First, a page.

Home Depot settlement upheld; group vows appeal
By Max Bakke
VERNON — A Vernon Superior Court judge has upheld a settlement between the Planning and Zoning Commission and the developers of a proposed Home Depot near Walker’s Reservoir.
In a Dec. 3 ruling, Judge Lawrence J. Klaczak wrote that the town and developers negotiated in good faith and the settlement “offers more protection to the environment than originally proposed.”
But the lawyer for a group of residents who call themselves Smart Growth for Vernon and who were granted intervenor status in the case isn’t happy with the decision and plans to appeal.
“I think that’s ridiculous,” Manchester lawyer Derek Oatis said. “I have a very different reading of the appellate court decision than judge Klaczak.”
The intervenor status allowed the group to become third-party plaintiffs to raise environmental concerns they had about the project. But at the October hearing, Klaczak wrote in his decision, they did not bring forward any witnesses to support their concerns.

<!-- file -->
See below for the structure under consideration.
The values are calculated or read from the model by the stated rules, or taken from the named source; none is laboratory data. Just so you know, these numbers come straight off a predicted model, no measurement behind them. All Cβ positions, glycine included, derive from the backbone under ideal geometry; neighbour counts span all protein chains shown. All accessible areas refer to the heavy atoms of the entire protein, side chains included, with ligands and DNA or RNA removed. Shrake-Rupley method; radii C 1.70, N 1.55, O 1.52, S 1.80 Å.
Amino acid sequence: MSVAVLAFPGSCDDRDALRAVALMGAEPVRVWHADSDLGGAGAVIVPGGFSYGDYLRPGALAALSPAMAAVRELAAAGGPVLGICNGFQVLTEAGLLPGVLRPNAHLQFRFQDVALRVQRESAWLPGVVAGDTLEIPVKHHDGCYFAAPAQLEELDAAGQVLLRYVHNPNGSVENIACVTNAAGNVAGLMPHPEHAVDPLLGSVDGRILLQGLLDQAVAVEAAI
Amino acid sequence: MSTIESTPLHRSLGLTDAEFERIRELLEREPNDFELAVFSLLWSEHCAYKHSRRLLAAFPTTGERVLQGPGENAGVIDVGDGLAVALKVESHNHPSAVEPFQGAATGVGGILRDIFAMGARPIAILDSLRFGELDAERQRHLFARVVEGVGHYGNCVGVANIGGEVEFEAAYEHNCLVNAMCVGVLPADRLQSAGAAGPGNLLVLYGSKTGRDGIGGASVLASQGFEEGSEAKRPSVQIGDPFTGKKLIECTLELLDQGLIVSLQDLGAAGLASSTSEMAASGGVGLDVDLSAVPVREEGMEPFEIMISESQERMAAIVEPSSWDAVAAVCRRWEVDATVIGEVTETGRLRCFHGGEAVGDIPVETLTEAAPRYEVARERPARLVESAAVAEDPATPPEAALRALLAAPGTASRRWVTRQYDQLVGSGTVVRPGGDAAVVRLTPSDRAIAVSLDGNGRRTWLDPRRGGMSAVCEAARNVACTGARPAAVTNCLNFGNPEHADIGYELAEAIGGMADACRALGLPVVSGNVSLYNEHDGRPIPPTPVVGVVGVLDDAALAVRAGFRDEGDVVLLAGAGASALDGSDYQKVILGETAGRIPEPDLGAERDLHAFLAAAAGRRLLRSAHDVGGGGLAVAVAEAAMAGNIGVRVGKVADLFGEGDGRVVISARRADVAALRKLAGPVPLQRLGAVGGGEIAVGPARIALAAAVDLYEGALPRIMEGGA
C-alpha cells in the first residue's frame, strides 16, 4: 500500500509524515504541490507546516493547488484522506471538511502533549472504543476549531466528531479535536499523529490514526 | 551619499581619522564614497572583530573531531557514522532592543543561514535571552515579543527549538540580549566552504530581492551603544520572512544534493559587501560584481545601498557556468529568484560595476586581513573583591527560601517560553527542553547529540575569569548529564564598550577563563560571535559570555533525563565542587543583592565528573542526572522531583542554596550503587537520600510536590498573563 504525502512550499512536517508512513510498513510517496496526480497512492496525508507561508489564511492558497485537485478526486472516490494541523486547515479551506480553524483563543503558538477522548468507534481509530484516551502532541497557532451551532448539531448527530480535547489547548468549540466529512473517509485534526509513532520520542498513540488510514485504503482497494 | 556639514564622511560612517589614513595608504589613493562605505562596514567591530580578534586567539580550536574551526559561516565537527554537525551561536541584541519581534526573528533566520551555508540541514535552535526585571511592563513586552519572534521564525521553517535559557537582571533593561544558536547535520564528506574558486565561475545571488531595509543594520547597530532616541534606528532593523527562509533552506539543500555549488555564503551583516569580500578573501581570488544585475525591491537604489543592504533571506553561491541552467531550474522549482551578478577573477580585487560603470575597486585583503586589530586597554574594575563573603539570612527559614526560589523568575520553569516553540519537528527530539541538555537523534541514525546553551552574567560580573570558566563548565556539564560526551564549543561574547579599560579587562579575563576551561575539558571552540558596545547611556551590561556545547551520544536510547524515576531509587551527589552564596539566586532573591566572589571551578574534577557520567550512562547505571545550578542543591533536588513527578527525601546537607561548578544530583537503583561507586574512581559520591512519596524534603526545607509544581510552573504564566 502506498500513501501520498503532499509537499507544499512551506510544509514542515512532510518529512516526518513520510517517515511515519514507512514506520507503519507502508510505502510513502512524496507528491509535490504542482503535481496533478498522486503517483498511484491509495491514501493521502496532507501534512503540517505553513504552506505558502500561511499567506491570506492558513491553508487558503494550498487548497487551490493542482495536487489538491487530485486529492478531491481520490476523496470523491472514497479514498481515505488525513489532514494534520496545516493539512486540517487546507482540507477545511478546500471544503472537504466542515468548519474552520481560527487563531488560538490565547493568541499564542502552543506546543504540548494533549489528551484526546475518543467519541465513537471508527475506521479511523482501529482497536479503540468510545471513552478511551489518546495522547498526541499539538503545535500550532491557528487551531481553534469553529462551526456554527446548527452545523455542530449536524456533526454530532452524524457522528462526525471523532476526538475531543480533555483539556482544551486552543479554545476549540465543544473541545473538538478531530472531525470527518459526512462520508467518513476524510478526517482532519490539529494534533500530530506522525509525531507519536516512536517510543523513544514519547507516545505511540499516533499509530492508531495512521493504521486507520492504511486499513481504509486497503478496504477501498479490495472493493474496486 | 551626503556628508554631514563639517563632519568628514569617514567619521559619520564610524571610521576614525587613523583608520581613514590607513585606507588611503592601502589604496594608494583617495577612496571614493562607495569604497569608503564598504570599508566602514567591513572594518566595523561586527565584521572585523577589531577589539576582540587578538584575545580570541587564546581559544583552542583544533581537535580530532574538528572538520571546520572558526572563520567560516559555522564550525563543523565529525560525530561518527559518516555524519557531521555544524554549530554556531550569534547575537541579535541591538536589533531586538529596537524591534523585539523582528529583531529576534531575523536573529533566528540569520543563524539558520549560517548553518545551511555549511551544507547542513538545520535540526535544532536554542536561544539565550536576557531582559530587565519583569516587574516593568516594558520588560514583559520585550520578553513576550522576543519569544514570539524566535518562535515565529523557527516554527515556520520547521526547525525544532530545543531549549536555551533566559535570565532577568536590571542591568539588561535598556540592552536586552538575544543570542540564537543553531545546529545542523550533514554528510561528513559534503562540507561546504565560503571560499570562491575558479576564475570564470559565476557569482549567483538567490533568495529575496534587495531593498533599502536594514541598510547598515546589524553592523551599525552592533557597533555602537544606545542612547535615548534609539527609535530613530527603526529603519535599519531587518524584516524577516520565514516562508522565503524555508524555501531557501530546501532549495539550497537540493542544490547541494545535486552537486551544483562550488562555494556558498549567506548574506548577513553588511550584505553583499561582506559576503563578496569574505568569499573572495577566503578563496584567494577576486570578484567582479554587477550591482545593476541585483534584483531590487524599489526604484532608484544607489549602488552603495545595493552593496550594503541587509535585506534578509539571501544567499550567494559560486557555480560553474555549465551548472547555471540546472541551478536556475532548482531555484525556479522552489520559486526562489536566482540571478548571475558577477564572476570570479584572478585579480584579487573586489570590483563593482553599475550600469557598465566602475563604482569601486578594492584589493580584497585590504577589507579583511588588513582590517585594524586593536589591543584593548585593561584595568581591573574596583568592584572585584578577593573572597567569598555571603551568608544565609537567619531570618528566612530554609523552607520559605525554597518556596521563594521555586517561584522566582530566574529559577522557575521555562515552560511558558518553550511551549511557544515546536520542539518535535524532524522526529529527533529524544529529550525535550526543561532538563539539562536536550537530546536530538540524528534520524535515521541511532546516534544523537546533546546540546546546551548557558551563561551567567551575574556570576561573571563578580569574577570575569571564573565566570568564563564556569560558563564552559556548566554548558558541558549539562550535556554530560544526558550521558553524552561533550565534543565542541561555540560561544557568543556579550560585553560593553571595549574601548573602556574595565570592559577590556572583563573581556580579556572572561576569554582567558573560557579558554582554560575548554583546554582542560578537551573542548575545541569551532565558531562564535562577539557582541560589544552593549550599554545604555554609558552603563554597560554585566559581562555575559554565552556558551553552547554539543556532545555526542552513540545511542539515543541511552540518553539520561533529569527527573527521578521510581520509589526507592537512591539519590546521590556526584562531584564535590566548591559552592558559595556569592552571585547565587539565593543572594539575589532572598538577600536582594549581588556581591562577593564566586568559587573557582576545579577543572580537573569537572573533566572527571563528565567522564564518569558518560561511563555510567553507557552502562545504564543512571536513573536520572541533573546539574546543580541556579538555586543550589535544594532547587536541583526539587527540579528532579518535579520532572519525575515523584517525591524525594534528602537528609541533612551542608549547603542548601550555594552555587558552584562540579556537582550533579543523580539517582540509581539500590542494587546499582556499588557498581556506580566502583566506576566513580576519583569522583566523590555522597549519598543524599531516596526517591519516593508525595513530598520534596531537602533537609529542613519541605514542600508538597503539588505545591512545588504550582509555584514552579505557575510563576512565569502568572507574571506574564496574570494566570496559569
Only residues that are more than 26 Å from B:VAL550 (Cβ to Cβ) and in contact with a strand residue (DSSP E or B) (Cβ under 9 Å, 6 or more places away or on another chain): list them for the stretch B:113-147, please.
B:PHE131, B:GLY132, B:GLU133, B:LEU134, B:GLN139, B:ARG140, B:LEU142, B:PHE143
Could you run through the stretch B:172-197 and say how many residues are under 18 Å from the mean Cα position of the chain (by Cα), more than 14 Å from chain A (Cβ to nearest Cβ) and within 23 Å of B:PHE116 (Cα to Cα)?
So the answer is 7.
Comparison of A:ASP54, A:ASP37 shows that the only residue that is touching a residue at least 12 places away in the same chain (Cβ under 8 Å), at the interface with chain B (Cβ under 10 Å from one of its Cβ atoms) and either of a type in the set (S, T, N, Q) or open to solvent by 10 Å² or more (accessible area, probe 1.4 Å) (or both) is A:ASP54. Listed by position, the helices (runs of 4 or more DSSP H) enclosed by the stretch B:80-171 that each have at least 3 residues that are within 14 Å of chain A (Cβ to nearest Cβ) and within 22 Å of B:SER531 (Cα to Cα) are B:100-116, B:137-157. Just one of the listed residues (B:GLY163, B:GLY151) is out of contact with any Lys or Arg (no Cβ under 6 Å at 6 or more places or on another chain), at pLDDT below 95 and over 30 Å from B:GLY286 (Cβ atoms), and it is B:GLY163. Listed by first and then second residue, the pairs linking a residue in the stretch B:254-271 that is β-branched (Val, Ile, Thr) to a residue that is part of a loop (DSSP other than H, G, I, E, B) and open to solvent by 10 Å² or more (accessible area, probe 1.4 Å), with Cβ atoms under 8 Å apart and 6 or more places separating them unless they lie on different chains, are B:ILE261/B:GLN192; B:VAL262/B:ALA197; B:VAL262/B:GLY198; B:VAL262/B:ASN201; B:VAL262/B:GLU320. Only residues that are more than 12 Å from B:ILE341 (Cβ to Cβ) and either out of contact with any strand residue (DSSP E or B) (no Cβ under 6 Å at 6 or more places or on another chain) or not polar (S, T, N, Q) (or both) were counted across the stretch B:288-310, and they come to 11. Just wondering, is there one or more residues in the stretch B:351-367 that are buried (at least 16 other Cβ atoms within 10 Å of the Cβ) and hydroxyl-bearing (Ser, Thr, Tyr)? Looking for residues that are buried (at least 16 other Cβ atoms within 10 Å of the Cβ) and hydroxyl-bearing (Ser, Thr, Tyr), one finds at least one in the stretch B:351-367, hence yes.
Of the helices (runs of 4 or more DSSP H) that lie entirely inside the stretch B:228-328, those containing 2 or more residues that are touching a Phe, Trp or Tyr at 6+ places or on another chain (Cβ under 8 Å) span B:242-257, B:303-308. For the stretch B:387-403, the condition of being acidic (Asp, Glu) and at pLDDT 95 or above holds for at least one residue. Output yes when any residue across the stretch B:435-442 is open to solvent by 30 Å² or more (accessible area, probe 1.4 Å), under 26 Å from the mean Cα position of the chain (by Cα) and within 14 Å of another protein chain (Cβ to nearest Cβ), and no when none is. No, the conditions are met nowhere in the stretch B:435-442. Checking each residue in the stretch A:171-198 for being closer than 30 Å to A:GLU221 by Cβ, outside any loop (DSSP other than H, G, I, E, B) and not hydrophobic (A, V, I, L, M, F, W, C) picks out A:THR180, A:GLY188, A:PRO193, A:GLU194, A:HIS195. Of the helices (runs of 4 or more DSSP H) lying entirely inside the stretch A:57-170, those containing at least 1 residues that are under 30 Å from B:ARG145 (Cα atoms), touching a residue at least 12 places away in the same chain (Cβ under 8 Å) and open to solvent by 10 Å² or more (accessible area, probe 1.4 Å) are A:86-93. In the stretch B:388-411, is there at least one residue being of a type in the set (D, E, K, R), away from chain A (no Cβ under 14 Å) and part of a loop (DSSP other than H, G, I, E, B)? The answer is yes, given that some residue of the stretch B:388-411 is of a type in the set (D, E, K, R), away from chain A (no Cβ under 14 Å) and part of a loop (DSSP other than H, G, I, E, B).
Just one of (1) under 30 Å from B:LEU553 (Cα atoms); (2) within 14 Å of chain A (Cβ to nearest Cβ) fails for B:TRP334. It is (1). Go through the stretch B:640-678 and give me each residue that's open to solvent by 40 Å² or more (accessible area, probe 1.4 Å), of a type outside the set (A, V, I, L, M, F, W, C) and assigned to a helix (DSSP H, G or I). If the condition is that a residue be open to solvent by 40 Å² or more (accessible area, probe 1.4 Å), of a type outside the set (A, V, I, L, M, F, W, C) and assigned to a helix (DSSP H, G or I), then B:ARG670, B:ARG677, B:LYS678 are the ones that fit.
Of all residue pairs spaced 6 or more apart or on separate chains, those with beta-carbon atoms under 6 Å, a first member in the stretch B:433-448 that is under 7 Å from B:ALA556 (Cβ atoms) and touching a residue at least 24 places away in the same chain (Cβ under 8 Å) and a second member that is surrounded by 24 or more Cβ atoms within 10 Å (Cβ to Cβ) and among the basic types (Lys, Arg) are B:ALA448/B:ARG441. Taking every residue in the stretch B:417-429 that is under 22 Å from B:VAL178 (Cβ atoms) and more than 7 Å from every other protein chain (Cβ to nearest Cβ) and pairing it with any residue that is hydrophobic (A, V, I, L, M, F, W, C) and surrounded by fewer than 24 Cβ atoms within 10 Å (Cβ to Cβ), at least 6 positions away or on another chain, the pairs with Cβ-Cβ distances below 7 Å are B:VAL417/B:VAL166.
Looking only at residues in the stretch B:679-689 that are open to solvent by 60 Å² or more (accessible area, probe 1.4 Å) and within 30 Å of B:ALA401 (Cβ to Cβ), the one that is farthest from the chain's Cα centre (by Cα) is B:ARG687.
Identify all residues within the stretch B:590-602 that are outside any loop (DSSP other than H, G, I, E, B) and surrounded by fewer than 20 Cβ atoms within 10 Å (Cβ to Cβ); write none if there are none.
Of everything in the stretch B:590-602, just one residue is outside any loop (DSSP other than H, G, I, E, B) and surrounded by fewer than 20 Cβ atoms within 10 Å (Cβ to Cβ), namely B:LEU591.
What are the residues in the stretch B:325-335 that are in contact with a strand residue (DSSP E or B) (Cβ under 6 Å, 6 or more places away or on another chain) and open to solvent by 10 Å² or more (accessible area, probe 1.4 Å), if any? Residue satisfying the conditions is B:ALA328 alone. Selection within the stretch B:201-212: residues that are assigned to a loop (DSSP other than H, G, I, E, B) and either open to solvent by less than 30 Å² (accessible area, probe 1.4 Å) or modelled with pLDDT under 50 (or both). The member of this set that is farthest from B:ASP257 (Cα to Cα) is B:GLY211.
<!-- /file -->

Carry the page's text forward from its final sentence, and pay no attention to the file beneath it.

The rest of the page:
Oatis said there wasn’t enough time to rebut the town’s claims at the October hearing and has asked the court to reconsider its decision.
Diamond 67 LLC, which proposed the hardware store in 2003, sued the PZC following the resolution of an earlier suit against the town’s Inland Wetlands Commission in 2007 on the same project.
Developers argued that the PZC did not act within the statutory time frame on their 2003 application, and in 2007, a three-member subcommittee of the PZC and developers’ lawyers worked to resolve the lawsuit.
Home Depot “agreed to significant modifications in the plan,” Town Attorney Hal Cumming said.
Cummings defended the agreement, arguing that Home Depot agreed to reduce the size of the store and space needed for parking and agreed to hook into the town’s water and sewer systems.
Smart Growth sought to intervene in that mediation but was denied. And while there was no public hearing before the PZC on the settlement, the commission did allow public comment on the plan.
Diamond 67 since has purchased the property, 14.7 acres near the reservoir, a former home to softball fields off Interstate 84.
But Oatis said the town was wrong to enter into mediation on the application in the first place.
“The PZC was brought into this process based on misinformation,” he said. “It was a way to completely bypass the process.”
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